Gugo Shampoo Benefits You Need to Know About | I’ve seen my Lola Doring wash her hair with organic gugo shampoo every night since I was a youngster. I wasn’t sure where she got her fresh gugo components, but I could see why she was so amazing because her hair was thick and strong. She was in her sixties at the time.
I noticed that lola soaked the fibrous gugo bark in water and then washed her hair with the resulting wash, which was milky in color. This milky shampoo is supposed to strengthen and promote hair development.
I eventually observed that my hair was thinning as an adult. Gugo shampoo was my Lola Doring’s “secret” to thick and healthy hair. The trouble was that there wasn’t anything available that was truly organic, like my Lola Doring used to have.
I’d occasionally be able to purchase a bottle or two, but the supplies always ran out quickly. Perhaps the ingredients were limited, or there was little market to sustain the producers’ sales at the time. Until now, that is.
You’ll see a handful of claims on organic gugo shampoo on the market nowadays, but you’re probably skeptical of the ingredients. But, hey, there are a few brands that are still true to tradition but are somewhat expensive.
I recently purchased and evaluated Daila Gugo with Aloe Vera shampoo from an online merchant (disclaimer/disclosure: it was The Red Bus Shop). I got the opportunity to speak with the proprietor, who informed me that Daila’s ingredients were completely natural, organic, and locally sourced. Wow! That made my head spin with delight since I knew it was a long-term business. It is, after all, Filipino-owned!
But, before we get too excited about the Daila line of goods, let’s have a look at the advantages of Gugo Shampoo.
What is the origin of Gugo?
Gugo or Gogo (Entada phaseoloides) is a big woody plant that grows in tropical forests as a climbing vine. Its bark, seeds, and vines are said to have numerous purposes in Filipino folk medicine. With robust stems, the gugo vine climbs high in woodland canopies. Those stems are frequently coiled like a corkscrew and can be up to 18 centimeters in diameter. Native Filipinos have been planting Gugo barks for centuries and soaking them in cold water before preparing them. They’ll squeeze the bark to get the juice, which they’ll use as shampoo.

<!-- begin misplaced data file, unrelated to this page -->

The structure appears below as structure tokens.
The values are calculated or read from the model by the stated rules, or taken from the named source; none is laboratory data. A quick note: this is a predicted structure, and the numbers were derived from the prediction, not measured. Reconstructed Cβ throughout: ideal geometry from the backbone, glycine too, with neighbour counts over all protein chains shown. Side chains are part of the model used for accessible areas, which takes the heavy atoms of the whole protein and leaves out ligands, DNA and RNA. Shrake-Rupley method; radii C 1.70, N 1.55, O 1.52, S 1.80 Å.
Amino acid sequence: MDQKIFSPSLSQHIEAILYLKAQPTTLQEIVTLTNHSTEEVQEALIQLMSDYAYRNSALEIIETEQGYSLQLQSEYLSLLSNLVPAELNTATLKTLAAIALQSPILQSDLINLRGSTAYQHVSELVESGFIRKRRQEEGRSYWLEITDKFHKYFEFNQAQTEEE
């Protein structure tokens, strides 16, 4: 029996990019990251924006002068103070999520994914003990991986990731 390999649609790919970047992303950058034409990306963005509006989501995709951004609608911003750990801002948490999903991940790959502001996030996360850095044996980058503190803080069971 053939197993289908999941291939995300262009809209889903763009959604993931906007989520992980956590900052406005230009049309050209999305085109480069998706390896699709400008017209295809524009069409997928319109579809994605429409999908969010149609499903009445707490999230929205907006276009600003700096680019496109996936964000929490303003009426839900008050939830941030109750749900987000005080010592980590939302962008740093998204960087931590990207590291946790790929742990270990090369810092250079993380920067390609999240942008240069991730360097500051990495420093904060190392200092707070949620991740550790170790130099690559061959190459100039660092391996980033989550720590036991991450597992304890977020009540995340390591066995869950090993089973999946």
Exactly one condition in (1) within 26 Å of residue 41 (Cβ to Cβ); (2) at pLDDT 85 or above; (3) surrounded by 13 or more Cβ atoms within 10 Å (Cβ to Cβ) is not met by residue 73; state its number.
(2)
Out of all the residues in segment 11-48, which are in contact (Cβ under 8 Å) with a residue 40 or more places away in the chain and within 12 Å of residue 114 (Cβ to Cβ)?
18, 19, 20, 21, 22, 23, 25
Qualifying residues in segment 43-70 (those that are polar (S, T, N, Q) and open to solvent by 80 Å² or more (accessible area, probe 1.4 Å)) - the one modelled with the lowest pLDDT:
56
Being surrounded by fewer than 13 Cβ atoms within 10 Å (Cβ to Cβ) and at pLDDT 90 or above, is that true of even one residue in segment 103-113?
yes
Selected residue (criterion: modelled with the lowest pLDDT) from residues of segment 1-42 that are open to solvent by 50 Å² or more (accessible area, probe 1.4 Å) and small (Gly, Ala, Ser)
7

Gugo Shampoo’s Natural Hair Treatment Advantages
A brief search of Google’s extensive resources on gugo reveals the following advantages:
- Encourages hair growth
- Stops hair from falling out
- Thickens and brings fullness to your hair
- It aids in the removal of dandruff.
- It helps to soothe irritated scalps.
- Hair becomes softer and smoother.
- Gets lustrous hair
- It has anti-inflammatory effects.
Maybe you’re also curious about the active ingredient(s) in Gugo. Saponin, the key ingredient, is a natural surfactant that cleans hair, aids in the treatment of eczema, and prevents dandruff. Gugo saponin penetrates deeply into the follicles, stimulating hair renewal.
Do you want to make your own Gugo Shampoo?
If you’re truly into gugo shampoo and want to manufacture your own, you’ll need to start by locating a gugo bark. This can still be found in some talipapa or palengke.
According to drhealthbenefits.com, the technique is as follows:
Leave the bark sheet in a bowl of distilled water overnight to soak. The water should completely cover the bark.
Rosemary bush, cut four eight-inch branches Rosemary’s Skin Benefits will help us increase the quality of the shampoo we create.
You may make a tea-like drink by boiling them in about 16 oz of distilled water for about 10 minutes.
Fill a large jar halfway with Gugo decoction.
Place a strainer on top of the jar lid and pour in the Rosemary liquid once it has cooled.
After that, squeeze a lemon into the mixture and add the juice.
Toss in three tablespoons of apple cider vinegar with the other ingredients.
Pour some into a spray bottle and add strips of Gugo bark to utilize it.
When you aren’t using it, keep it in the refrigerator.
That’s all there is to it. So, instead of using high-priced shampoos that do more harm than good to your hair, consider Gugo Shampoo.
Homerun Nievera is a blogger and publisher of several online publications such as Negosentro, World Executives Digest and Executive Chronicles, and more. He is a user of Gugo Shampoo and sweaers by its effectivess.